Q. What is the life cycle of a mosquito? How do they survive the North Dakota and Minnesota winters?
A. At the risk of offending any potential mosquito lovers out there, I’ll start by saying mosquitoes—unfortunately—do survive the winter.
For a closer look, I consulted the source for all answers these days—Google—and was directed to the website about.com.
According to the website, some mosquitoes lay eggs that survive winter by lying dormant in the soil until spring. The eggs then hatch when soil temperatures warm and rain falls to moisten the ground and provide a jump-start.
Larval-stage mosquitoes, the website says, can survive the winter under the water, which is a crucial ingredient for all mosquito larvae. When the water gets cold enough, according to the website, mosquitoes go into a sort of suspended animation until the water warms, and then they pick up where they left off before the onset of winter.
Some mosquitoes also can survive the winter, a fact to which I can attest. A few winters ago, some friends and I took a January ice fishing trip to Oak Island on Lake of the Woods. The first night, one of my fishing partners was surprised to find an unwelcome visitor in the cabin’s living room.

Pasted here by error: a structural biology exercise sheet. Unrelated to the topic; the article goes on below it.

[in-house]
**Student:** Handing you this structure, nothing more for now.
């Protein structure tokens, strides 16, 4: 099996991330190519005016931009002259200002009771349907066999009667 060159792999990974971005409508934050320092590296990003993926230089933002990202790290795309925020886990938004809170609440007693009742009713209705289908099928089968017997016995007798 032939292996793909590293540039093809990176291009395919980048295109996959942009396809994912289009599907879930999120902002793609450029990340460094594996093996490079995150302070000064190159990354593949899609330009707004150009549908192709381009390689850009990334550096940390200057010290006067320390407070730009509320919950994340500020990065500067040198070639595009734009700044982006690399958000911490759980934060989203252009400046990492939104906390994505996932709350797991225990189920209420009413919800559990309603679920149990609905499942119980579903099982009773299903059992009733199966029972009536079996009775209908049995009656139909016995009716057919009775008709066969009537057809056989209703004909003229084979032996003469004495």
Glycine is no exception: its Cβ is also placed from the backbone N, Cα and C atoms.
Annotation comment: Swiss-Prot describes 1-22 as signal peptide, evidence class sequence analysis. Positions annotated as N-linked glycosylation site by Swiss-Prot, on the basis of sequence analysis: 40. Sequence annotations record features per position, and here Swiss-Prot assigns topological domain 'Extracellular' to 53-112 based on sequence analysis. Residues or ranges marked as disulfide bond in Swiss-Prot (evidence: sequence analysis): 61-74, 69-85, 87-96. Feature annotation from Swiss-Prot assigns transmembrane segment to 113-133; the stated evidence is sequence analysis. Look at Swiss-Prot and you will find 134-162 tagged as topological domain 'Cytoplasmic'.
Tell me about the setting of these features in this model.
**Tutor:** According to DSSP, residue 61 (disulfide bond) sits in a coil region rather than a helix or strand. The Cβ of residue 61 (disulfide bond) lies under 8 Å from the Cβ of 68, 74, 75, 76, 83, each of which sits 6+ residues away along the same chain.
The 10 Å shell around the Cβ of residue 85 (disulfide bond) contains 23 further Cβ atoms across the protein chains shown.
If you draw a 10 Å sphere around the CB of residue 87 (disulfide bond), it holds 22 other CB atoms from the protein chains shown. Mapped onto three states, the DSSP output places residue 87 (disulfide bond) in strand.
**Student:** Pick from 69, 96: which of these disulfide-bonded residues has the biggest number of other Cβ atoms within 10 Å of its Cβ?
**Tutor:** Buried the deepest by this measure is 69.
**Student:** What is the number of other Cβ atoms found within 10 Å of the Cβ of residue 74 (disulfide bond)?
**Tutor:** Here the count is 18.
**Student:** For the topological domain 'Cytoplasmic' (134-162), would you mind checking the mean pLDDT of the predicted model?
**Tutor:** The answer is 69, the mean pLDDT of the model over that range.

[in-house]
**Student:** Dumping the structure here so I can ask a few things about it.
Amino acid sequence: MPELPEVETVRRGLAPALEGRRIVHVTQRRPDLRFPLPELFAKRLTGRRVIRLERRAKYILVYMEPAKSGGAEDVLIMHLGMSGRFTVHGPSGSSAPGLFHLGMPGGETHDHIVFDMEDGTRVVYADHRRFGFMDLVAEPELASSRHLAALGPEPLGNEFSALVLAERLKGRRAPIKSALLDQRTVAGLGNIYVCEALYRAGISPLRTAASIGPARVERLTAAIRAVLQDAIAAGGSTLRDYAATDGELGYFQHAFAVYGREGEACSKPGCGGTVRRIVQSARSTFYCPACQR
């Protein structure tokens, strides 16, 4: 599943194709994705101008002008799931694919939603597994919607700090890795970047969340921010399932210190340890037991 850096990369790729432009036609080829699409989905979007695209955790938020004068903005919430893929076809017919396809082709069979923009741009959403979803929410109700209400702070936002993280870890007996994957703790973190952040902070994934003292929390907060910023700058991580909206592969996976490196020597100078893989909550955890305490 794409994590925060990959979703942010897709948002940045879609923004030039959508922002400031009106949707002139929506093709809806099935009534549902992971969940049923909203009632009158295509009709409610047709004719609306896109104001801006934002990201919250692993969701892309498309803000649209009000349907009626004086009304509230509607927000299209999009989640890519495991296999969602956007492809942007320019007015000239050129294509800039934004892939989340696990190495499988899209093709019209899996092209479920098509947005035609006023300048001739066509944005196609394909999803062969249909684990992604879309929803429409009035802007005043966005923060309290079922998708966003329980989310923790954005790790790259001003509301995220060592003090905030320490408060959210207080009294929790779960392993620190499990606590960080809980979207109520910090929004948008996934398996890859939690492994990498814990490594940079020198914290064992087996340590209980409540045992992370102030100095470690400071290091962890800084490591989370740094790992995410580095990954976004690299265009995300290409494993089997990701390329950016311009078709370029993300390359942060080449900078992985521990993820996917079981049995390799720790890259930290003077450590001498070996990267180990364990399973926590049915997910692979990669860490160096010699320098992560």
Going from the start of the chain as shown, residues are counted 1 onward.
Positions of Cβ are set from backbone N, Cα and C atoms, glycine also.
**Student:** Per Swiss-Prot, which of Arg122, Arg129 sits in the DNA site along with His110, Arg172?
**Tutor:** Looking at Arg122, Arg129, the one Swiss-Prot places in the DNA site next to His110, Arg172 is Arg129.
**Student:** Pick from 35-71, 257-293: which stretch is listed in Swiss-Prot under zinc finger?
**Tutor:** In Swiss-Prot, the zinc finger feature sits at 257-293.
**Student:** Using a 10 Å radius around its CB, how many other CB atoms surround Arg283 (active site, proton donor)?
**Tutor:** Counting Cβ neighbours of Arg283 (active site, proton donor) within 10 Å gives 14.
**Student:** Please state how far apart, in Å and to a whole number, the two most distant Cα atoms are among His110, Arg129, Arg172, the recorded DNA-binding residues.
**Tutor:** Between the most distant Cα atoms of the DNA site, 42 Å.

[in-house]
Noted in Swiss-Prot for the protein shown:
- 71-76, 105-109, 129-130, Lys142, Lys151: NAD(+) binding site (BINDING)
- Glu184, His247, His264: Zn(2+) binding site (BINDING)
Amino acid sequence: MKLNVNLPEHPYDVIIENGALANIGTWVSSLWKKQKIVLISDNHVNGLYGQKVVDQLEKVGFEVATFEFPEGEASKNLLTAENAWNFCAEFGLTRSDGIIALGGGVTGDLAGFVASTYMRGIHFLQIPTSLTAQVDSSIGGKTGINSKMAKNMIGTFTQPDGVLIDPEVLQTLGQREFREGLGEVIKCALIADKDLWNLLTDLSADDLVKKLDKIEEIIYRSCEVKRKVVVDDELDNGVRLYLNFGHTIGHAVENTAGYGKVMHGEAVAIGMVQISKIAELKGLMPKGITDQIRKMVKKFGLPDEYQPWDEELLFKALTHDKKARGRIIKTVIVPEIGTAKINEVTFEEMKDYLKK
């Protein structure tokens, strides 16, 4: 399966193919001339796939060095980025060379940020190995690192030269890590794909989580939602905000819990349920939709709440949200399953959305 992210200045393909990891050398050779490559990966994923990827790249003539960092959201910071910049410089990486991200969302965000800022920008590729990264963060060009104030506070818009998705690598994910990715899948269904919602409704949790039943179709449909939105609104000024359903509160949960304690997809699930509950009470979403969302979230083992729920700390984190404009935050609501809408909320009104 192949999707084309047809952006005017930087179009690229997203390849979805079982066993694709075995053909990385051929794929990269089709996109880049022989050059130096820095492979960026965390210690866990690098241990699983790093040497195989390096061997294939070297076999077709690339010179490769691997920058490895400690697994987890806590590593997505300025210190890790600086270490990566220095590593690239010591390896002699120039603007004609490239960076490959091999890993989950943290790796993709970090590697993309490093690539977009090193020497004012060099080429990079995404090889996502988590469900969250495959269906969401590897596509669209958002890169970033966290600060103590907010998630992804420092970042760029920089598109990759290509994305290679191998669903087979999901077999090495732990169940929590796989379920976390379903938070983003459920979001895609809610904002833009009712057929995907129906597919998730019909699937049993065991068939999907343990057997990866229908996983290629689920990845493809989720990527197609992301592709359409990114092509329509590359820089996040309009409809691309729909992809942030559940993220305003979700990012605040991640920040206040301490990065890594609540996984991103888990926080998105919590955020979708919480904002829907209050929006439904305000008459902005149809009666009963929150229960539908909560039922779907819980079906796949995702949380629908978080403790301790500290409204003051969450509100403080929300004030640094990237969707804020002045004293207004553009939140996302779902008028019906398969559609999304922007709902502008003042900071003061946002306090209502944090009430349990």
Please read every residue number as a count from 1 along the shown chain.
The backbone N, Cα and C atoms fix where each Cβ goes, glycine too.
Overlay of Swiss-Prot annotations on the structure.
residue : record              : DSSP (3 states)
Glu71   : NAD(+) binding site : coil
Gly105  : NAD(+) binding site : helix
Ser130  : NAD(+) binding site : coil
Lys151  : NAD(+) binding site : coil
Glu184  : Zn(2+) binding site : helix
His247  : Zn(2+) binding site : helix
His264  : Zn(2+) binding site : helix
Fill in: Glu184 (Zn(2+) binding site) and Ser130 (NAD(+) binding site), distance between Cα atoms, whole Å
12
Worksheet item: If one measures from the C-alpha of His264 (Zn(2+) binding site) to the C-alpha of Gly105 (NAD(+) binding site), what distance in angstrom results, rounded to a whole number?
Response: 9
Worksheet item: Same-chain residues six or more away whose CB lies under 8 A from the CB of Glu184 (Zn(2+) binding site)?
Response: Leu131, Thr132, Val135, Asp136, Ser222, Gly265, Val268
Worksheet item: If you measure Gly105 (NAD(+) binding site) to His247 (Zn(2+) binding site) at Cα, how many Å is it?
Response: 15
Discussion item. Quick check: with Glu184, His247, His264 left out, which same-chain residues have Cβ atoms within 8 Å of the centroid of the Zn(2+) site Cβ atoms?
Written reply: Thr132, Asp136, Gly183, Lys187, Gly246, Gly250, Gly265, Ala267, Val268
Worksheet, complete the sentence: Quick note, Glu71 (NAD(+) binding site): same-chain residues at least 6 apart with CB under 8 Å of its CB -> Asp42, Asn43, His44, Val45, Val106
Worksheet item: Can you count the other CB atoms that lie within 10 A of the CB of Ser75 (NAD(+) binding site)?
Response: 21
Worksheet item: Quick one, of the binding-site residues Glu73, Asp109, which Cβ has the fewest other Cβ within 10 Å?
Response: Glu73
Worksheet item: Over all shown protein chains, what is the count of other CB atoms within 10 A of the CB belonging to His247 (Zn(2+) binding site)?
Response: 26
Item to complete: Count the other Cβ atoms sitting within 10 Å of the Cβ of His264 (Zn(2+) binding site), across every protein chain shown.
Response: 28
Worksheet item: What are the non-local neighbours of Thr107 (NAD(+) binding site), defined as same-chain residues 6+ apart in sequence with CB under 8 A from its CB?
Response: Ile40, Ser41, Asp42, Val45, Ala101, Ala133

Sure enough, it was a mosquito—a very sluggish mosquito, mind you, but a mosquito just the same.
Considering the cabin was situated at the northernmost point of the Lower 48, the find certainly attested to the annoying insects’ hardiness.
According to about.com, only female mosquitoes survive the winter, while males die in the fall after mating. Females, the website says, spend the winter in protected places “such as hollow logs or animal burrows”—or cozy cabins.
And then—you guessed it—they’re right back at it again in the spring, looking for blood to help produce their eggs and start the whole vicious cycle all over again.